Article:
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October 1961

Pathoanatomic Changes in Amyotrophic Lateral Sclerosis on Guam: Special Reference to the Occurrence of Neurofibrillary Changes

Author Affiliations


Arch Neurol. 1961;5(4):401-415. doi:10.1001/archneur.1961.00450160051003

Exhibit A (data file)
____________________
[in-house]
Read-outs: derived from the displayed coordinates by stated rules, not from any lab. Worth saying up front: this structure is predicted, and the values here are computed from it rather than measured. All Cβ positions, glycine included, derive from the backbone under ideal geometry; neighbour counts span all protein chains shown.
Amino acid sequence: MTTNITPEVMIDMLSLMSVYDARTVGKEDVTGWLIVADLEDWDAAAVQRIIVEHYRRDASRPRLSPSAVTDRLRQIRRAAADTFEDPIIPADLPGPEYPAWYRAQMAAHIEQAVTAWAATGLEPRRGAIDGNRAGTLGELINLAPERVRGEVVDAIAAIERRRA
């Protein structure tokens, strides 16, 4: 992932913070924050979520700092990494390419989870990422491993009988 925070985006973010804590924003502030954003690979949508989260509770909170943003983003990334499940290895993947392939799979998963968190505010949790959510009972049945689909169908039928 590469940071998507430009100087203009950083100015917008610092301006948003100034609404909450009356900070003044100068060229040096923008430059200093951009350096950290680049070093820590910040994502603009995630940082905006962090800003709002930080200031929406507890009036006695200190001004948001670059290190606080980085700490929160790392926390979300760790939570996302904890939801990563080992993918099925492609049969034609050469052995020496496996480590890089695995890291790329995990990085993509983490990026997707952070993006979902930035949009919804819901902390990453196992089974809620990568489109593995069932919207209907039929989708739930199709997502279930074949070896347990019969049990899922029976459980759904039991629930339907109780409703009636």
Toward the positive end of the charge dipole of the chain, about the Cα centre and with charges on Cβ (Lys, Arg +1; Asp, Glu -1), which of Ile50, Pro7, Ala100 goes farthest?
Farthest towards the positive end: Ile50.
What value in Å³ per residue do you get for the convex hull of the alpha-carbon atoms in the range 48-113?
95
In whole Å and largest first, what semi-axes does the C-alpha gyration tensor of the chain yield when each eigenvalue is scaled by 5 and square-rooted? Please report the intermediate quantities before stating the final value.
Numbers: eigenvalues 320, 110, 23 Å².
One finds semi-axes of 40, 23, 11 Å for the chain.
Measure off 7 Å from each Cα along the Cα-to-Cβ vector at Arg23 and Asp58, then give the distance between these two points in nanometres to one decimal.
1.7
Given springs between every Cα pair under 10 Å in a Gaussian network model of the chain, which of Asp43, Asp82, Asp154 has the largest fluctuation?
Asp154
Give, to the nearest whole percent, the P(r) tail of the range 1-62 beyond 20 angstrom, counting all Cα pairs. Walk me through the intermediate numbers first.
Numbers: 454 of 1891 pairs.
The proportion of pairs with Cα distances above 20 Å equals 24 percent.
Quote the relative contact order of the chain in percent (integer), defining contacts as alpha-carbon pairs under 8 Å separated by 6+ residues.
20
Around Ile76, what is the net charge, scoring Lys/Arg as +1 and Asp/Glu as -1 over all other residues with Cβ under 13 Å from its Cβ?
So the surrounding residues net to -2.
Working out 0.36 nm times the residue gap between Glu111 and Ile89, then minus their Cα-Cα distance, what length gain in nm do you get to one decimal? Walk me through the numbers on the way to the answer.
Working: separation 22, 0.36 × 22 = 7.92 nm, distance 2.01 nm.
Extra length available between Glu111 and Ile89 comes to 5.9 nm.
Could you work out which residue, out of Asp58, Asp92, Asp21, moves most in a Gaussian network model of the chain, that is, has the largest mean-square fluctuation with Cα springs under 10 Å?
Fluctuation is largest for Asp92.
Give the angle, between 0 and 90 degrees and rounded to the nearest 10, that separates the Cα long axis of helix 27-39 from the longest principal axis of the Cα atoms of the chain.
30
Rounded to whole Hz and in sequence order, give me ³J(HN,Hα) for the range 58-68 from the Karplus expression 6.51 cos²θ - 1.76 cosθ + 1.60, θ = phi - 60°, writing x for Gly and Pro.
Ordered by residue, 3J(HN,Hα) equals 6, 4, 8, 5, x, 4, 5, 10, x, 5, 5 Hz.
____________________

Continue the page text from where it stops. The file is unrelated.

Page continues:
Introduction  Since the original description of Charcot1 nearly a century ago, hundreds of papers have been written on amyotrophic lateral sclerosis (ALS). The pathologic lesions of ALS have been described in the classical case as progressive degeneration and loss of cells in the anterior horns of the spinal cord, in the motor nuclei of the brain stem, and, in many instances, in the Betz cells of the cortex. Demyelination of the lateral columns is generally present, but is not necessarily limited to the corticospinal and corticobulbar fibers2; posterior column demyelination, which has also been observed on occasion,3,4 has, however, not been associated with any obvious sensory impairment.The phenomenal incidence of ALS in the Mariana Islands of the Western Pacific, and particularly on Guam, has evoked special attention during the past 10 years because of the geographical isolation and the familial aggregation of the disease among the

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